It was a busy week for girls from the ENVISION program, who came to Madison with their teachers to help out on the canoe, make a radio program, plan a feast, and become acquainted with the University of Wisconsin-Madison campus.
The girls found the Lac du Flambeau emblem at the fire ring outside of Dejope Hall.
The girls helped in various tasks related to the canoe and the preparation of equipment for the coming Ojibwe Winter Games.
Tom Loeser, chair of the Art Department, took the girls and their teachers on a tour of the Art Lofts facility, where most of the graduate students and many of the faculty in the department have their studios.
Meanwhile, Wayne was busy carving the canoe paddles out of white cedar and setting the ribs.
After the ribs were bent and had dried, they were removed, carefully numbered, and trimmed to fit in the finished canoe. Wayne and Tim used the thinly planed white cedar slats to create a lining in the bottom and sides of the canoe. This sheathing protects the bark surface and also distributes the pressure from the ribs so that the bark will not tear. Rib ends were honed down so that they could fit into the groove beneath the gunwales. In the initial formation of the ribs, Wayne worked from the widest ribs at the center of the canoe toward the smaller, more dramatically bent ribs at the prow and stern. Now, in setting the ribs in permanently on top of the sheathing, he worked from the prow to the center and then repeated the process from the stern to the center.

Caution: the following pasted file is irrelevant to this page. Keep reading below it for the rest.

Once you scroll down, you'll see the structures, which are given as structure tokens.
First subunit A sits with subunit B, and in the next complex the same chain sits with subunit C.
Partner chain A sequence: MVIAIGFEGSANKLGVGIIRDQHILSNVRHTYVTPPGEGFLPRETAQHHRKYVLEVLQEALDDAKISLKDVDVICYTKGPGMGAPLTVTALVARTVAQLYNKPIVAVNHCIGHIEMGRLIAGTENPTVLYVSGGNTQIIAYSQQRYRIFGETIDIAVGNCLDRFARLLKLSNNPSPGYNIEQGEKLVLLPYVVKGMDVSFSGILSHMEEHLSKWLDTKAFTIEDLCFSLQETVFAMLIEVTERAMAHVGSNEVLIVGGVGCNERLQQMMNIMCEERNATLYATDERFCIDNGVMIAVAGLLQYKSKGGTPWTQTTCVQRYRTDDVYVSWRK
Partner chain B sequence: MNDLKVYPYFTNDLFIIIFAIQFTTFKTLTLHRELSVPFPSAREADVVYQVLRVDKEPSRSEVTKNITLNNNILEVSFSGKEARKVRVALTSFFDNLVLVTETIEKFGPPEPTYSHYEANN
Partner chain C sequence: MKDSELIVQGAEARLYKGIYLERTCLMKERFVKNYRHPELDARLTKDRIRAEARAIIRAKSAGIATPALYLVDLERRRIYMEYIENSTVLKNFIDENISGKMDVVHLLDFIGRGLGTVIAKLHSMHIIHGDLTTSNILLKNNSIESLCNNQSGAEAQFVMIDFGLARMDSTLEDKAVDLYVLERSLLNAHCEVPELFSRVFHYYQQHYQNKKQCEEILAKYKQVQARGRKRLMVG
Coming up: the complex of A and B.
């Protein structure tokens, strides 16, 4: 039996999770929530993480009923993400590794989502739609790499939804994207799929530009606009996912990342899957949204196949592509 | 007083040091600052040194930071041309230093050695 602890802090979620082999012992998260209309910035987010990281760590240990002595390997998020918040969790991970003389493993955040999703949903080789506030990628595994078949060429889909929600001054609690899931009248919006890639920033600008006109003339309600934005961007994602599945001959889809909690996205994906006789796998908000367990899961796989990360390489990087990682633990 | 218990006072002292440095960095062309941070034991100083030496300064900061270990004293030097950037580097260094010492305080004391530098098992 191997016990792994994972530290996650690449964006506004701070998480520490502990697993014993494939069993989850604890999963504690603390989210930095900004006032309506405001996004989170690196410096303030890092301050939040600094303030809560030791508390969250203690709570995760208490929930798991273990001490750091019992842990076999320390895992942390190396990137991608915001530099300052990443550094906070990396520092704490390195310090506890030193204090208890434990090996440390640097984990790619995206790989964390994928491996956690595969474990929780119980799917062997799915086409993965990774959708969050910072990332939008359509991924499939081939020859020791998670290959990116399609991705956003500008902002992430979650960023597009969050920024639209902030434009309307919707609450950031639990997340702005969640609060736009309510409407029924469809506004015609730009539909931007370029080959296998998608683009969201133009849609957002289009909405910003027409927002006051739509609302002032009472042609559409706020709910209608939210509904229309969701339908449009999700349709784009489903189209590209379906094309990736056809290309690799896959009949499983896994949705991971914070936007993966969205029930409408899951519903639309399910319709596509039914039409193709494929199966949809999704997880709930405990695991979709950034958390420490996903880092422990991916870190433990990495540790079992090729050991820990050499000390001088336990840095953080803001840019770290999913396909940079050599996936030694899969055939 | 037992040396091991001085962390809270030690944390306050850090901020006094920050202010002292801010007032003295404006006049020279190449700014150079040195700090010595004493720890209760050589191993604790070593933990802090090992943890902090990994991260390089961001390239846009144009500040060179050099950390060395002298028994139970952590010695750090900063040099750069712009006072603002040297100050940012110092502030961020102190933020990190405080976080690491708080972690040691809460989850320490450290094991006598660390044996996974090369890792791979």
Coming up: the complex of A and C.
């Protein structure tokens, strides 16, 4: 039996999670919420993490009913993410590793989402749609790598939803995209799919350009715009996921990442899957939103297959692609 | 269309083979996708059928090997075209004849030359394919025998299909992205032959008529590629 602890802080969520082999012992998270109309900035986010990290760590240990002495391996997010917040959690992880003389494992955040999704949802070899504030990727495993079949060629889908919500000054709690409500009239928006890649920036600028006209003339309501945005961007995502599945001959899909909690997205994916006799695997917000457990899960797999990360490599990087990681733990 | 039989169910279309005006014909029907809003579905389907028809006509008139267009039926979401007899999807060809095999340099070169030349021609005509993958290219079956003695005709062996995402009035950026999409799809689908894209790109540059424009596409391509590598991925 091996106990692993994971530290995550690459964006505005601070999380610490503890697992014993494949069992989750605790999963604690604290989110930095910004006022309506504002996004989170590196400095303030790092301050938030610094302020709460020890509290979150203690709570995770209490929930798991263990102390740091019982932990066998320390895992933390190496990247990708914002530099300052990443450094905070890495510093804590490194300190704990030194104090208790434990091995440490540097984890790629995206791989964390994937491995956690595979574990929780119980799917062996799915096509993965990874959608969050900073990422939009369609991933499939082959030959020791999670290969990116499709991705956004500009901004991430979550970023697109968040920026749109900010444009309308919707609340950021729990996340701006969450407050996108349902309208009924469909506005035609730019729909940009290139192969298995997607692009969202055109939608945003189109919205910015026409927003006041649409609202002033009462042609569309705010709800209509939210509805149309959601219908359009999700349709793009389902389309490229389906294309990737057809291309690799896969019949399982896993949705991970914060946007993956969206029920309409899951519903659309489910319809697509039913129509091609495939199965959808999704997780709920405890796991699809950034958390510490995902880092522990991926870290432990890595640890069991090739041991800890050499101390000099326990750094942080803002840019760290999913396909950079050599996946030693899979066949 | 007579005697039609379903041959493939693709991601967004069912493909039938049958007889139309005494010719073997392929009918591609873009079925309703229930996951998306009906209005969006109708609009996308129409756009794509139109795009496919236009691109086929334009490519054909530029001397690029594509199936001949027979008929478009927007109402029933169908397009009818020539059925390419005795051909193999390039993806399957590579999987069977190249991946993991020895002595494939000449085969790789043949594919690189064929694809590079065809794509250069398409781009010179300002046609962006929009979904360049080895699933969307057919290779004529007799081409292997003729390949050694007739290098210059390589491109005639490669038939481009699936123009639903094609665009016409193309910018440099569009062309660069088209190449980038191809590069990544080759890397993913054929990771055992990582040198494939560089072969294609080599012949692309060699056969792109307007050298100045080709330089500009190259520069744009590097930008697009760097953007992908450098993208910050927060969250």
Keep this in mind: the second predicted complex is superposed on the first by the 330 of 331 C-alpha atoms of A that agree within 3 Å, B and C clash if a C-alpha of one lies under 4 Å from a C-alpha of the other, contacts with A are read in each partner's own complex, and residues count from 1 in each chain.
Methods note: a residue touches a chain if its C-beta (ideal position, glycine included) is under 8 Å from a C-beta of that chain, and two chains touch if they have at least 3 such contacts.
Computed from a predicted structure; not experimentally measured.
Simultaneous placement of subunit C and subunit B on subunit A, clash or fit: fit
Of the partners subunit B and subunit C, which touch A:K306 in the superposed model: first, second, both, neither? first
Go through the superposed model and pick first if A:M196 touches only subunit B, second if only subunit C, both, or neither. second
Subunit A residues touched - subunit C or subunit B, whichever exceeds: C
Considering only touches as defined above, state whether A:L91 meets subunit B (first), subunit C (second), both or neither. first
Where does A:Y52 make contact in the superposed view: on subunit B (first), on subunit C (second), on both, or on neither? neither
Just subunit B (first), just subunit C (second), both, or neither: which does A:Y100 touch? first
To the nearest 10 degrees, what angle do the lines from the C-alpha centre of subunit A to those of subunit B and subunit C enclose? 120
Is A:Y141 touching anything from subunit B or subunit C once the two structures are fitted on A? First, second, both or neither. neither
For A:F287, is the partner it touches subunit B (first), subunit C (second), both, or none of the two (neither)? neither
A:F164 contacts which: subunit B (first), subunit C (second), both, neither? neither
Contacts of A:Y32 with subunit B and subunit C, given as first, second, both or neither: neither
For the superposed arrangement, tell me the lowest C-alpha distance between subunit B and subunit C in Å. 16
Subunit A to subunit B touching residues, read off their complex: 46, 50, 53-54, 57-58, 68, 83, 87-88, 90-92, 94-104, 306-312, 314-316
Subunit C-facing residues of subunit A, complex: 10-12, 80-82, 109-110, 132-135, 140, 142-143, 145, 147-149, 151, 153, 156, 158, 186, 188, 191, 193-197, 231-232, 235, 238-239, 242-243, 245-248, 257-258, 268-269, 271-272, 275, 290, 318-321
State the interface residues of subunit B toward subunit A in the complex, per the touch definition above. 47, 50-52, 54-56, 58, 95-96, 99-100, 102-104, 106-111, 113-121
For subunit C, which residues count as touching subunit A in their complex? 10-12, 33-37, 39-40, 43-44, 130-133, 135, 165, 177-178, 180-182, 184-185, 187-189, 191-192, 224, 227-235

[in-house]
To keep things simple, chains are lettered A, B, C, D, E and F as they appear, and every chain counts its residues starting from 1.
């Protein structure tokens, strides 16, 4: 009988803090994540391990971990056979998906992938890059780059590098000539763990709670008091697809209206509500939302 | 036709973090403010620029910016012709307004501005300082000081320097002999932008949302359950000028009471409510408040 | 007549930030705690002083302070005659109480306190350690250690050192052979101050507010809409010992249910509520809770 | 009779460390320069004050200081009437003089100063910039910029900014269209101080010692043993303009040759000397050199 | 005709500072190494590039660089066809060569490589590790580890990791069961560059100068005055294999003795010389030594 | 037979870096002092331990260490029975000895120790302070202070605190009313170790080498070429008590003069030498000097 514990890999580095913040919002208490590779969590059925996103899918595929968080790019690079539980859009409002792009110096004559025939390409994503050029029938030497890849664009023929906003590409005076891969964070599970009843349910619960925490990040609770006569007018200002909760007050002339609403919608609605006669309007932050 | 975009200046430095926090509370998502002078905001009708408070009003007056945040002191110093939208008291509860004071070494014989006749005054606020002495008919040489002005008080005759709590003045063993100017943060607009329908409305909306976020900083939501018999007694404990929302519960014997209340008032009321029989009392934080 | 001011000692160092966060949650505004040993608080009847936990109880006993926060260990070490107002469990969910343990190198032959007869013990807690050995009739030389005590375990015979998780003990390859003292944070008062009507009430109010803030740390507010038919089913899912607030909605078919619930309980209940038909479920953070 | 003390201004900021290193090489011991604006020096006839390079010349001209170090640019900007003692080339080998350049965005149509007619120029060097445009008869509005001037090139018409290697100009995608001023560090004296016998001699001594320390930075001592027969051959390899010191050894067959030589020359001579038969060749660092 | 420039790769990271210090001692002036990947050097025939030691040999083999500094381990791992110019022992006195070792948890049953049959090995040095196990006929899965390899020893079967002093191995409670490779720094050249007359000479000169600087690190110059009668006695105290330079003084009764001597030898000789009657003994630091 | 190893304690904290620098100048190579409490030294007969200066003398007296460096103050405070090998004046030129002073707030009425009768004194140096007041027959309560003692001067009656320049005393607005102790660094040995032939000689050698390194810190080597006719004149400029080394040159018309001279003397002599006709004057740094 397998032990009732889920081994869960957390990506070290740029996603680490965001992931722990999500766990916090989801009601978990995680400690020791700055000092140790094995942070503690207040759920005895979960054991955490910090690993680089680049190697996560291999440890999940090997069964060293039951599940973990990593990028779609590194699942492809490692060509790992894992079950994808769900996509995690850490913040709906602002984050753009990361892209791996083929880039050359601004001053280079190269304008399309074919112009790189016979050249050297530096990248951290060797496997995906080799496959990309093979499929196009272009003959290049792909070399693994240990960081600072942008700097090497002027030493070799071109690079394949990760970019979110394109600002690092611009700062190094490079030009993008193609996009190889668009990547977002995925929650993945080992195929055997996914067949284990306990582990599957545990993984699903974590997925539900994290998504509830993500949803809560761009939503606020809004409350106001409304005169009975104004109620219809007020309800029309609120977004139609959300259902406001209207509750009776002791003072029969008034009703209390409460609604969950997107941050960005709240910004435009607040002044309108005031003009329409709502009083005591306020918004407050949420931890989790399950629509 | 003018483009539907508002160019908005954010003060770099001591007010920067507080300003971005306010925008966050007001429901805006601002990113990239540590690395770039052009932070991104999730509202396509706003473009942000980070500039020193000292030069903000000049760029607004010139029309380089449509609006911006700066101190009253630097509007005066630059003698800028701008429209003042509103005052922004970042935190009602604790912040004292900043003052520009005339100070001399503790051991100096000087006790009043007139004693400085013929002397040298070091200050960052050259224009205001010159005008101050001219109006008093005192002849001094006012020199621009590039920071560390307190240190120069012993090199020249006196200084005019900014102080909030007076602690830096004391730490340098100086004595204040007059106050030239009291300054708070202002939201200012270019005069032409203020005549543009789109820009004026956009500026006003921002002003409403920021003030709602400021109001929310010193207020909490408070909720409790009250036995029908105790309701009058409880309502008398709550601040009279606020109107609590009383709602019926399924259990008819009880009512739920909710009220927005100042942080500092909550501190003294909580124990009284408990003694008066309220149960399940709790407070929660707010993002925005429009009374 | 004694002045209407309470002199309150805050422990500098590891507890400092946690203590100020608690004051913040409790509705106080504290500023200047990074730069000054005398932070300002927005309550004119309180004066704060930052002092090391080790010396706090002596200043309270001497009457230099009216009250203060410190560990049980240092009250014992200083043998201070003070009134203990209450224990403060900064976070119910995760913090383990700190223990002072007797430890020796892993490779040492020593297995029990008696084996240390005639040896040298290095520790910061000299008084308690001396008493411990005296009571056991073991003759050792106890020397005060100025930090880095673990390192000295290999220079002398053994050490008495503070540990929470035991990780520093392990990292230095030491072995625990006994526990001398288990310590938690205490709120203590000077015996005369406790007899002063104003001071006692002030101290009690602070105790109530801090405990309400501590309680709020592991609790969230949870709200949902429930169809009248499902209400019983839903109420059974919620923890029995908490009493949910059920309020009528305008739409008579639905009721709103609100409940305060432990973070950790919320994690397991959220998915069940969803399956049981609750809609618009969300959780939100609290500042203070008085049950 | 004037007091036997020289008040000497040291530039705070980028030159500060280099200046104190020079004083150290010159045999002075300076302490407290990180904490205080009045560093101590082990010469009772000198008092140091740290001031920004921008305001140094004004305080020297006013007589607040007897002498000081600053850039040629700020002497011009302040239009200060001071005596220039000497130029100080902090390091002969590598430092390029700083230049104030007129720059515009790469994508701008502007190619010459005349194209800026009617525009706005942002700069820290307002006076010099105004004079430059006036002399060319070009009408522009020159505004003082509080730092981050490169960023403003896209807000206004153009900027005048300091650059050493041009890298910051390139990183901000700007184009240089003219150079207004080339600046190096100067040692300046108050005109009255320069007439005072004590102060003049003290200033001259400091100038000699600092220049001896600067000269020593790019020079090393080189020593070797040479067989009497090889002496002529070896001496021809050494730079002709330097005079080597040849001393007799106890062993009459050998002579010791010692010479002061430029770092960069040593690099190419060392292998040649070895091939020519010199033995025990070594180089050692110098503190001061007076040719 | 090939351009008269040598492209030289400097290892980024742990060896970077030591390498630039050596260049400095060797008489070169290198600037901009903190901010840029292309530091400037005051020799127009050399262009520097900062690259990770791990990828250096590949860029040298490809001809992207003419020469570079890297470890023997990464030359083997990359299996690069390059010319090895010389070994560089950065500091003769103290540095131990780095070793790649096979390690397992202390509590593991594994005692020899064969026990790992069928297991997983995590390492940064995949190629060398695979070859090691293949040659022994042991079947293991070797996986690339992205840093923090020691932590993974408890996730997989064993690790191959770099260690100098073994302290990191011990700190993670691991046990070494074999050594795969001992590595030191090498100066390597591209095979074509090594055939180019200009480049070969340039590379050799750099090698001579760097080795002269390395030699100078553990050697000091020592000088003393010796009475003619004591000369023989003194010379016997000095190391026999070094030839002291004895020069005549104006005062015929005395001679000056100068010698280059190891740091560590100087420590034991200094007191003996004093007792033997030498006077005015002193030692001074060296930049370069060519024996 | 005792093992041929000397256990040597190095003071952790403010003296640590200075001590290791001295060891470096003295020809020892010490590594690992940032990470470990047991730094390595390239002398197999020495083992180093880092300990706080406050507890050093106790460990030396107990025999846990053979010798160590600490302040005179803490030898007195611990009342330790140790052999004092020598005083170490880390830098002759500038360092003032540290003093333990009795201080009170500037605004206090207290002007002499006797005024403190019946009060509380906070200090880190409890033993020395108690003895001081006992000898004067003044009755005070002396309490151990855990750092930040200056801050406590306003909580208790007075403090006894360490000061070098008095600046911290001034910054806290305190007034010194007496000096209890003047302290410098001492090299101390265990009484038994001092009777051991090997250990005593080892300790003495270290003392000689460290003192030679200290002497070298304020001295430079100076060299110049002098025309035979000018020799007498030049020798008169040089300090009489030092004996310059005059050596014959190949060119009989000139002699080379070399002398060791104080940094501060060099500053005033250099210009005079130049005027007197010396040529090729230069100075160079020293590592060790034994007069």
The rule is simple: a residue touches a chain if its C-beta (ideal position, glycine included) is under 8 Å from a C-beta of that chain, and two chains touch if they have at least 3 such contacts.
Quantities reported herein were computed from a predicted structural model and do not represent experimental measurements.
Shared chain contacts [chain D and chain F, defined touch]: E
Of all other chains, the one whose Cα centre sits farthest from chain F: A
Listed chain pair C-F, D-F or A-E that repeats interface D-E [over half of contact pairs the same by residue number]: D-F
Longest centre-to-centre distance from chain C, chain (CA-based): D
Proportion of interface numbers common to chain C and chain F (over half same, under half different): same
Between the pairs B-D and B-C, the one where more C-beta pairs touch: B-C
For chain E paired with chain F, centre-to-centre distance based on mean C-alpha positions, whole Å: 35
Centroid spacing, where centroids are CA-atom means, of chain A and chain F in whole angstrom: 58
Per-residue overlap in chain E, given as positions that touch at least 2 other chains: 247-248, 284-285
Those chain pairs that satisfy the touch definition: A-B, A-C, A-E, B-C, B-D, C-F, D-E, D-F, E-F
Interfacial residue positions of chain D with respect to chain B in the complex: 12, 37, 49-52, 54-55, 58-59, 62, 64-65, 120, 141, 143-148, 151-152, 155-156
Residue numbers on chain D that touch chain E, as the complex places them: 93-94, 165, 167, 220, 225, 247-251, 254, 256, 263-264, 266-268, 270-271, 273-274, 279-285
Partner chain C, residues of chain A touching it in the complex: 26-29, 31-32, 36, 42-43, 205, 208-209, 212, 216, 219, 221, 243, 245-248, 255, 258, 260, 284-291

Goodman Center students came to help sand Ojibwe Winter Games equipment, see the canoe nearing completion, and plan the coming feast.
All in all it was a busy week!